All these steps can be performed manually; however some stages of the presented process can be supported or even automated. In particular, it would be useful to facilitate visual joining of modules and automatic generation of the connection scheme from this visual view. Sharing of modules and describing their connections for reuse in different configurations would also present a desirable feature for end users. Another stage that requires support is execution itself. Having stored all required data, it is possible to automate the derivation of an executable from the connection schema. It would also be useful to facilitate selecting the required resources from a single entry point. Upon execution, the output data should be fetched and presented to the user. To support development and execution of multiscale applications we have developed a set of tools, useful at various stages of the process shown in Fig 2.


MAD aids users in composing applications usingMML-based submodule metadata stored in MAPPER Memory (MaMe). Once theapplication is composed, MAD translates its MML description to aportable  GridSpace experiment,which is then passed to the GridSpaceExperiment Workbench and executed on various resources. REST indicatesrepresentational state transfer protocol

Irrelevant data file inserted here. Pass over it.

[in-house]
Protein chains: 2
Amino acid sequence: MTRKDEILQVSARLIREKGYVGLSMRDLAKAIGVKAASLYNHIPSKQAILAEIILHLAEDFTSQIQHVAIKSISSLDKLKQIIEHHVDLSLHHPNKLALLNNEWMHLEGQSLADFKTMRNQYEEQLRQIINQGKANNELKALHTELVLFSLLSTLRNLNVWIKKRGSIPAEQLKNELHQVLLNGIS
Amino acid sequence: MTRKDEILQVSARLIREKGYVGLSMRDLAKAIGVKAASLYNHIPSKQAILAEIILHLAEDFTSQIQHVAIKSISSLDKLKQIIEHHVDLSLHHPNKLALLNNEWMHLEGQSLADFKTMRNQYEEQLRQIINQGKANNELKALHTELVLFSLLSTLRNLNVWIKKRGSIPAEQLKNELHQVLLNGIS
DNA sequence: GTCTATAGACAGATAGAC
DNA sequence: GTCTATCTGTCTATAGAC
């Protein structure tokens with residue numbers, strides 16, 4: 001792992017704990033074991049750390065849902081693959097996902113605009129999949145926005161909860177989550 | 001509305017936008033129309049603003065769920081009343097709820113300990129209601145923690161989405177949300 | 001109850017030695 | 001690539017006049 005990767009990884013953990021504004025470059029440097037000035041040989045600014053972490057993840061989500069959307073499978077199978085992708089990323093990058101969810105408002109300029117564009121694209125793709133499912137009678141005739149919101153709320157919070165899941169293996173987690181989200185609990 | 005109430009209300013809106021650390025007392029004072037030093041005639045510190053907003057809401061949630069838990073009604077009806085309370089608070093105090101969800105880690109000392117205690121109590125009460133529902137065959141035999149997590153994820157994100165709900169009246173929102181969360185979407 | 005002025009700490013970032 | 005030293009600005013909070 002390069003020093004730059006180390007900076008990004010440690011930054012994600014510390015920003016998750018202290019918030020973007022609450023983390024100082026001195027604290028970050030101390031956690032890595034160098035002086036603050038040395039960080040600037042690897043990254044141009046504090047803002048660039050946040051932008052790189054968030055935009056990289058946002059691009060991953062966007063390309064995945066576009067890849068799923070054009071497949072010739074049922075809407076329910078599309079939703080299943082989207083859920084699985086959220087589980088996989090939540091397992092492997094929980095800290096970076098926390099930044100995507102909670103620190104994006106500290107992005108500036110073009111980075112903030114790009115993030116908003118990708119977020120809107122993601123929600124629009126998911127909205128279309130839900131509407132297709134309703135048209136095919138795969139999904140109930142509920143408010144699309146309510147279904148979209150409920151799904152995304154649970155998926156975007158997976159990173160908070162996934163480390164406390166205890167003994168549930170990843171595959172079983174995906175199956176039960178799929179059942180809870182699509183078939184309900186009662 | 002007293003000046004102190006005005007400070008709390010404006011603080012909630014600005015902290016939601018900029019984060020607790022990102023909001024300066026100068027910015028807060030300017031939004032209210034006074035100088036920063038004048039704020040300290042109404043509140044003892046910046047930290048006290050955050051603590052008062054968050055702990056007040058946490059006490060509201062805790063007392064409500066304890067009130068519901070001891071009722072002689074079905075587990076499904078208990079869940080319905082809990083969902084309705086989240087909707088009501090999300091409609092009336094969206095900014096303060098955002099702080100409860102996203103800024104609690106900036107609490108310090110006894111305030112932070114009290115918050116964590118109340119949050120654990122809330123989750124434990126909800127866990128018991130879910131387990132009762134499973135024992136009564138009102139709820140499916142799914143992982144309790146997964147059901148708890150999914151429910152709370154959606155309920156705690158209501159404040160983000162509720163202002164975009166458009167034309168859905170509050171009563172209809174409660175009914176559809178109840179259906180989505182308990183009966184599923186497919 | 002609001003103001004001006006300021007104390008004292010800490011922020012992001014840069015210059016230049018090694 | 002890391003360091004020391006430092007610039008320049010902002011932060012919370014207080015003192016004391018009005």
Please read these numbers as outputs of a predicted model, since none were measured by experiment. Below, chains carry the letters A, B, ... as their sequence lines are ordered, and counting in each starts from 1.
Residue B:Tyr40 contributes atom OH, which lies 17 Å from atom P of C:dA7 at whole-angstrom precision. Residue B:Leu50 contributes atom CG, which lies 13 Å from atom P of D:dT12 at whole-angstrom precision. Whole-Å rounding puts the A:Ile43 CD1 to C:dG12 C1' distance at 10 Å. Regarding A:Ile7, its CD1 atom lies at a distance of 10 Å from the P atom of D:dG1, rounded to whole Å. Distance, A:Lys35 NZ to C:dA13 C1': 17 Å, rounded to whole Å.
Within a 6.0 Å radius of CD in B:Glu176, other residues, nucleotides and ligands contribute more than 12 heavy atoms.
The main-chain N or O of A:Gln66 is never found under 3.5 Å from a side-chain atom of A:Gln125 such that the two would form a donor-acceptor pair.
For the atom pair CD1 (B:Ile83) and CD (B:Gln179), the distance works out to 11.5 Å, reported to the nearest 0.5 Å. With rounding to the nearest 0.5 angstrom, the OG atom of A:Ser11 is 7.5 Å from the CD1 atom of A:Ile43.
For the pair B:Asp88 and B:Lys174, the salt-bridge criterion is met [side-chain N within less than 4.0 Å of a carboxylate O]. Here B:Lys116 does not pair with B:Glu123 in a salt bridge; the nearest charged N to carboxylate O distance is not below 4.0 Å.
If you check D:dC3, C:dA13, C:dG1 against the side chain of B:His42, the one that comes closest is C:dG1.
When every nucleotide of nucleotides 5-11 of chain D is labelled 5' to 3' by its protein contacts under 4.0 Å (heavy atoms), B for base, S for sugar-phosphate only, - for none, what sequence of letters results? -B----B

Fig 2. Tool framework. MAD aids users in composing applications using MML-based submodule metadata stored in MAPPER Memory (MaMe). Once the application is composed, MAD translates its MML description to a portable GridSpace experiment, which is then passed to the GridSpace Experiment Workbench and executed on the available resources.

To describe single-scale models and their connections one can use the Multiscale Modeling Language developed by the University of Amsterdam. Information about single-scale models is saved in the MAPPER Memory (MaMe) tool for further use. Multiscale Application Designer (MAD) fetches data from MaMe and allows for visual composition of the application in gMML. The corresponding connection schema is generated from a visual view and then translated into a portable executable experiment format used by the GridSpace Experiment Workbench (EW) that runs the application on resources chosen by the user and fetches results. EW itself does not deal with low-level resource usage issues (such as reducing waiting time in a job queue), but provides a unified frontend, which includes not only simple SSH-based access, but also advanced external services (such as AHE or QCG).

Below we present a usage example where our tools are applied to set up a canal consisting of three segments connected with a gate and a spillway (developed at the University of Unige). The output of the simulation is then visualized as set of pictures and a movie. The tightly coupled part of the connection utilizes the Multiscale Coupling Library and Environment (MUSCLE).


Fig3. Irrigation Canals sample application being composed in MAD


Fig4. Sample GridSpace EW experiment which executes the Irrigation Canals application.

An example of using MAD and GridSpace EW can be also viewed in the video below.